I started off the day with 2 4th places- my best so far but the last race kicked my ass and I had to settle for 9th. Tom and I had the same idea- start on port and get to the middle of the Bay where there was a more consistent breeze. We both found holes in the starboard tack line and poked through giving up a clear lane up the first beat. At the windward mark set near the presidio shoal the winds were already gusting 25k+. The pack rounded and immediately jetted downwind through the voodoo chop and swell. I though- just keep it together- the leaders arein sight- you might actually get this one! I charged as hard as I could getting to the leeward mark in 3rd just behind Jesper. I had a batter rounding and was climbing on him but meanwhile Xavier was putting the hammer down footing below us with better speed. I let Jesper tack thinking he didnt have the layline but he just made it and Xavier was able to speed below me just grabbing 3rd.
Next race- same scenario- Tom and I on port. The fleet was tight at every mark. One mistake and you were shot out or swallowed alive. I literally saw CRAD get swallowed by a ferry wake at the leeward gate. The last upwind was brutal. I found myself in 3rd again but with Tom on my weather hip., We both had similar speed and angle but as the beat wore on I was getting knocked down in the 30k puffs with my 9.5 rig. I tacked only because I could keep my body contorted any longer. Luckily it was right on the layline but Tom just edged me out for 3rd.
The last race kicked my ass. I fell on my gybe downwind and was out the back door.
Oh well 2 out of 3 would have to do.
Im still only 1/2 way done with this bender as the US Nationals start on tuesday in the gorge.
Pace yourself is my matra


Saturday, July 21, 2012

local knowledge vs internationa lexpereince

Our fleet has stepped it up today with local knowledge paying off. Despite Schurman continuing to dominate, Eric & Al set the bar high continuing to charge the top 5.
The course was changed to a single windward/leeward with 2 mile legs so
the long beats & current played a big factor.

I've been struggling to put together a decent regatta this week with some good moves around the course but nothing yet that has popped me in the front pack.
An OCS in race 4 put a damper on my first race of the day as I came out of the gate a bit too strong but continued the race anyway & got a 5th. I rounded the leeward gate just in front of BRA999 & held him off on the long grind upwind. Good practice even if it ended up not counting.
Next 2 starts I was a bit more timid and paid the price again getting a 2nd row start. . In this fleet you can't make any mistakes & have to be on your A game every minute or else someone will be there ready to capitalize on your mistake.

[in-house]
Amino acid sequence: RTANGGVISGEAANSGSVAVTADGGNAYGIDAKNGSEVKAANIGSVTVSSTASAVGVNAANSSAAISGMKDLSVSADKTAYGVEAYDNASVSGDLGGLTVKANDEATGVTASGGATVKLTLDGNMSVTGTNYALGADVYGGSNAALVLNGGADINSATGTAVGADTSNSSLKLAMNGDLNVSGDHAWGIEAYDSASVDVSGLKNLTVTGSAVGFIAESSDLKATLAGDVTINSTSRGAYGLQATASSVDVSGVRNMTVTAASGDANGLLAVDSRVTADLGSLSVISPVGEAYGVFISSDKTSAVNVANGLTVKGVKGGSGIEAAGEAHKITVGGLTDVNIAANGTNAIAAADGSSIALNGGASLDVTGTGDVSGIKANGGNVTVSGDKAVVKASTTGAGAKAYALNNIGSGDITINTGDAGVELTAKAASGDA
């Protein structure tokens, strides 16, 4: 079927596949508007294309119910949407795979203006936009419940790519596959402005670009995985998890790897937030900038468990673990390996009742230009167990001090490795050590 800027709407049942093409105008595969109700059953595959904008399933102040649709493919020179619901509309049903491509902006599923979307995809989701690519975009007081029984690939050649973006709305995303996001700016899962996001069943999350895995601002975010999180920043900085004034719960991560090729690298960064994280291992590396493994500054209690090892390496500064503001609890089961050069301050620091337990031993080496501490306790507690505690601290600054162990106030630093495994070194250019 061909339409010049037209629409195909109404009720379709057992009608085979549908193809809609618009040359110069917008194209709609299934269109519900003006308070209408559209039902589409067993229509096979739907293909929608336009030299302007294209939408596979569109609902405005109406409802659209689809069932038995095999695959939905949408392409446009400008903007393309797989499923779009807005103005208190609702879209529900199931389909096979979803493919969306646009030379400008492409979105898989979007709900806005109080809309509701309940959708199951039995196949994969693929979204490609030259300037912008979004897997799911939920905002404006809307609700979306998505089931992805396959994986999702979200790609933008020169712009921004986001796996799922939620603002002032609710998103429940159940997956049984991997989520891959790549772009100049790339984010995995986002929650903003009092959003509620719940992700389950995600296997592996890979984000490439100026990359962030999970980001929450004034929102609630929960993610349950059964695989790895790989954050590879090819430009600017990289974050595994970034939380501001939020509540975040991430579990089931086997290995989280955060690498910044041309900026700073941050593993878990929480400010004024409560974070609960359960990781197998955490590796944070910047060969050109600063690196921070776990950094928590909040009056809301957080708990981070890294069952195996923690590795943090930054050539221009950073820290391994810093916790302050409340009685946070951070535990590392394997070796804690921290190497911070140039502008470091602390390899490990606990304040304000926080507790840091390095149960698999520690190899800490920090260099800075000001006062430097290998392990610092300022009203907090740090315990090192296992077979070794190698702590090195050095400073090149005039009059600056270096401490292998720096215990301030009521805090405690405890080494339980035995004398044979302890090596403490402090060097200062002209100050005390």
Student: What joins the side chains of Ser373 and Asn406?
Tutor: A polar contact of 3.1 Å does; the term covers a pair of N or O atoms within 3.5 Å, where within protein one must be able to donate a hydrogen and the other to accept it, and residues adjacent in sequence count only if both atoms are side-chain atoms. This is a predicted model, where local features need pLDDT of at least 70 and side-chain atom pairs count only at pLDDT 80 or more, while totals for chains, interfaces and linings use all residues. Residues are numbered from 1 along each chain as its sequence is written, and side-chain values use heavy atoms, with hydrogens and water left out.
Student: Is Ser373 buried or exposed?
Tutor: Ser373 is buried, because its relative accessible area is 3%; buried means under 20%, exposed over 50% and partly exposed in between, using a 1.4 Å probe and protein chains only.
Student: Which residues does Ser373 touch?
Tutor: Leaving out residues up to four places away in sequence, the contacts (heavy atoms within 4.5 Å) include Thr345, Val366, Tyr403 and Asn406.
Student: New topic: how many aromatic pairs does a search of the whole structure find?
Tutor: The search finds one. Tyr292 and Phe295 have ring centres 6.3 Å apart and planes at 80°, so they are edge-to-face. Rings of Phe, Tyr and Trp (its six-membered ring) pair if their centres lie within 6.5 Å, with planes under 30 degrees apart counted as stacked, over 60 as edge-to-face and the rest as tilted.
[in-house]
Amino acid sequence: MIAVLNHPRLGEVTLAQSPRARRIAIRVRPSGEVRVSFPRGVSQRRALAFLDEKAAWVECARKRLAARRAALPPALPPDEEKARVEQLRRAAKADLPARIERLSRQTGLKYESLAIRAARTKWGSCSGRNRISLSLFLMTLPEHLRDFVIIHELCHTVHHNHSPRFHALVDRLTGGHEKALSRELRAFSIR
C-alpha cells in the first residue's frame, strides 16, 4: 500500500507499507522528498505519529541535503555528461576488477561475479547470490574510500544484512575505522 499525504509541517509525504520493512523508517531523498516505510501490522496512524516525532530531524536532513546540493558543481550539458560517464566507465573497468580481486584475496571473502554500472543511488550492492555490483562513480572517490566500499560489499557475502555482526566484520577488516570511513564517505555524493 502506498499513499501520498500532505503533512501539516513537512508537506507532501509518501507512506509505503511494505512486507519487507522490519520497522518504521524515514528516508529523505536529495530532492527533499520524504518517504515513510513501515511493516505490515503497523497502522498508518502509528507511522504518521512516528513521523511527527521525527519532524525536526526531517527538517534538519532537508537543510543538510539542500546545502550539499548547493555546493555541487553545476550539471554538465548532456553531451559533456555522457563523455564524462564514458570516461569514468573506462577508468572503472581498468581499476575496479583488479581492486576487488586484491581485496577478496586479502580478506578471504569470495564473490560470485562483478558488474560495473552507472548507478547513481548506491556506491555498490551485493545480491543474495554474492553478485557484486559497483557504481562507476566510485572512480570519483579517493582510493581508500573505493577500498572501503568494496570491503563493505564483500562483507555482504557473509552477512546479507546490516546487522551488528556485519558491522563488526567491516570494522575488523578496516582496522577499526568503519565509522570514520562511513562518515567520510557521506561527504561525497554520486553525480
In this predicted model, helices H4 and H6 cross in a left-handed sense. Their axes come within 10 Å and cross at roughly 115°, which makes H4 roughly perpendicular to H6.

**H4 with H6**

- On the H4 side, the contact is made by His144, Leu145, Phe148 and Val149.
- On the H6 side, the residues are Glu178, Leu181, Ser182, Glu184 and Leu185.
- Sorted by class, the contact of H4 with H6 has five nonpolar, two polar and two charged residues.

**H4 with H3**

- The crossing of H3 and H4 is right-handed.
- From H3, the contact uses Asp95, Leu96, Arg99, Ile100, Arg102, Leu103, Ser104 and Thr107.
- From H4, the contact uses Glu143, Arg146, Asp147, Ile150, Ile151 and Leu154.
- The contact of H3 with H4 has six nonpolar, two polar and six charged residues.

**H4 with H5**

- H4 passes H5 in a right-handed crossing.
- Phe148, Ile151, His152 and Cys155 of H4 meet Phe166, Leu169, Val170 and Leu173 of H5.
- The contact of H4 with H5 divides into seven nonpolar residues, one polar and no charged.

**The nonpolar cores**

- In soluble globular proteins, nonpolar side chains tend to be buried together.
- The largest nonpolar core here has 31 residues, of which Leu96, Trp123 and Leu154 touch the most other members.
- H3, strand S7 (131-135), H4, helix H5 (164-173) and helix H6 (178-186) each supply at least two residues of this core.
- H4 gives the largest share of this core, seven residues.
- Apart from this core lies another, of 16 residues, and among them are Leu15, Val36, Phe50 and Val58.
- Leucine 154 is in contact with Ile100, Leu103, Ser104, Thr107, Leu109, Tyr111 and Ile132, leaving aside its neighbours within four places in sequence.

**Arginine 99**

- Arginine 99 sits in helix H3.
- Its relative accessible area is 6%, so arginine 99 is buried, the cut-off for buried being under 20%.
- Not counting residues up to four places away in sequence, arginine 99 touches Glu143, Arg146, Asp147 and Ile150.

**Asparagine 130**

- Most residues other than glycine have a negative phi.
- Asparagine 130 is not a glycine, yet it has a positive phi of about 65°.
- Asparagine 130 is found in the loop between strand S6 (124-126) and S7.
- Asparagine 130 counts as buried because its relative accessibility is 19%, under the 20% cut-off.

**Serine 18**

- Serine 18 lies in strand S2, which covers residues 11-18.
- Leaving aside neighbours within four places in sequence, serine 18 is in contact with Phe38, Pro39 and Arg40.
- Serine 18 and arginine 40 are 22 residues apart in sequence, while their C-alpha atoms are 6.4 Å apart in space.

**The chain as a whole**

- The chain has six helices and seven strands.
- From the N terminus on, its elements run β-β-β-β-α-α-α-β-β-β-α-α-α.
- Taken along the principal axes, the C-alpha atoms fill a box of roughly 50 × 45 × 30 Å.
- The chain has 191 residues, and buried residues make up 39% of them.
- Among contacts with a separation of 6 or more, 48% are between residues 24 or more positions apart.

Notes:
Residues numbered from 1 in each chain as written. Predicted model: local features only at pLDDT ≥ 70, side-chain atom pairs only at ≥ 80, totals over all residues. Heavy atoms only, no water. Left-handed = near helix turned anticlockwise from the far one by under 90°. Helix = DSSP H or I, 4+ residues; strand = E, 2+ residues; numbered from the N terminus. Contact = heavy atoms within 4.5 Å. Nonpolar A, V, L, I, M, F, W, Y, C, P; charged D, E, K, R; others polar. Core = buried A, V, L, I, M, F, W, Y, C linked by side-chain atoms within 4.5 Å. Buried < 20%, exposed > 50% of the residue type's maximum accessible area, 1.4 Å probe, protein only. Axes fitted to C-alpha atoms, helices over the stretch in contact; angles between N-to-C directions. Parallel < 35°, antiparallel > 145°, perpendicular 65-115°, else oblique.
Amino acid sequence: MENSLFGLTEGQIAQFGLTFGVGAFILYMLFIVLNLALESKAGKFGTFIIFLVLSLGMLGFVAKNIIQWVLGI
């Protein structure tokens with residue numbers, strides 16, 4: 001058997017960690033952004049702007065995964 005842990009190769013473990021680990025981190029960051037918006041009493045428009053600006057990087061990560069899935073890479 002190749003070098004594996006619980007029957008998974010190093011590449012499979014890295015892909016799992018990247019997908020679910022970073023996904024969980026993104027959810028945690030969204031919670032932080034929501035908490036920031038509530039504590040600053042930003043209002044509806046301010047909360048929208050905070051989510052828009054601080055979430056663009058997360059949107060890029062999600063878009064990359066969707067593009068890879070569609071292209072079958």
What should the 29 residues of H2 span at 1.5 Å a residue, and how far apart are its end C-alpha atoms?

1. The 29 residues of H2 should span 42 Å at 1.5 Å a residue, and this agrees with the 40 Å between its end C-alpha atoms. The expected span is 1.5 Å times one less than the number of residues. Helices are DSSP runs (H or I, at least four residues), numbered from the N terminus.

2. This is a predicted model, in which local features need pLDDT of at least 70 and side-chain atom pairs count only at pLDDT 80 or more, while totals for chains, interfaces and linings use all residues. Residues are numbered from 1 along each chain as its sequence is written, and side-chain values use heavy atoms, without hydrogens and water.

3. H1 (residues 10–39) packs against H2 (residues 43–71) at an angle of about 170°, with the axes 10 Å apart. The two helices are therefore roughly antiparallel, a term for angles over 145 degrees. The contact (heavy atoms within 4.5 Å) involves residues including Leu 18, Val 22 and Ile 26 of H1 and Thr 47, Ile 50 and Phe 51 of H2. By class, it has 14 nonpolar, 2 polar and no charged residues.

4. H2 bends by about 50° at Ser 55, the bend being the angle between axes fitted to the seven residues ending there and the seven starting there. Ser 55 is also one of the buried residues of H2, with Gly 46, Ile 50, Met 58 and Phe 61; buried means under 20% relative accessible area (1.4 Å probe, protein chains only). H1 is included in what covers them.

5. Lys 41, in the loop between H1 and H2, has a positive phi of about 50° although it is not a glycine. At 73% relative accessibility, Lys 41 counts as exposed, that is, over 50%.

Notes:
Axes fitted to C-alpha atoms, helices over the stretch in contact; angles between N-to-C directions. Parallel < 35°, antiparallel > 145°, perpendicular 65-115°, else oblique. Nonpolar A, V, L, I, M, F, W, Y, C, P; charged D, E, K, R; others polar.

Finally in race 3 the breeze and chop were up giving the locals a chance to shine. The ebb had started on the inside and the breeze was gusting to 25k+
outside.  I got taken out when I had to duck below a 50' sailboat sailing right through our windward mark layline. The wind shadow ripped the rig right out of my hands. Ouch.
I rounded the top mark deep in 8th but had a brilliant downwind catching up to 4th as there was some carnage on the inside of the course where Jesper and Al went swimming.
Downwind through the voodoo chop I made some gains sailing right to the gates while others overstood.
The regatta is at it half way point with the leaders settling in but still opportunities to make gains.
Top 5 is still within grabs!

Friday, July 20, 2012

Day 1 report from the trenches.

It's all out the comeback I remind myself as I dig a deep hole at the end of day 1.
Overall a great day of racing but the odds did not seem to be in my favor. 8-8-5 finishes in marginal conditions then a good race when the wind came up.
On top of it all my file for redress got denied for a technicality. Ouch!
The jury was pretty insistent that I hailed protest despite informing the RC after the race & informing the protestee that I intended to protest after I found him on shore. But rules are rules & I won't make that mistake again. Yell those magic words after any incident just to cover your ass!


video via Patrik Pollok
Race 1 started as the ebb built. I went out early on my 10.0 & 64 thinking breeze up at any moment but came in to switch to my big fin.  I headed into 1st start with power but got taken down at the start by a barger who dropped their sail on me. I made an effort to come back but never got through the mid pack in the 2 lap race. The  breeze was shifty 12-16k going back & forth from sw to NW puffs.  I even overstood finish letting  Crad slip in there. Eric & Al sailed a solid race grabbing the top local spots while Wilhelm slipped in there grabbing the bullet & Jesper had to settle for 2nd. Avoiding the obstacles is foremost in putting together a good series.
Race 2. Wind was still up & down & shifty. Fog cane in mixing it up alot.
I let off 1/2" of downhaul & bumped my booms up for more power as I didnt have enough time to switch rigs.  The course was shortened but I didn't take notice. I paid the price. I overstood the top mark & the finish line giving up 3-4 spots. Ahhh! Not as bad luck as Jesper who broke a boom. Wilhelm again took the bullet with the 10.7. I felt like I had great speed downwind gaining a few spots but just need to kept my head in the game.
Race 3 we had a break onshore while the kites went out again. Breeze was building. I switched to 9.5 & 64 fin and found the edge. It was a 1 lap race. I played the breeze & gained a few boards downwind outside and was in the hunt at the leeward mark with Tom & Xavier just ahead leading the charge to the shore as Wilhelm & Jesper sailed outside to the breeze. Xavier almost made the cross at the end but Jesper prevailed and got the bullet. I was 5th but felt more solid in the breeze.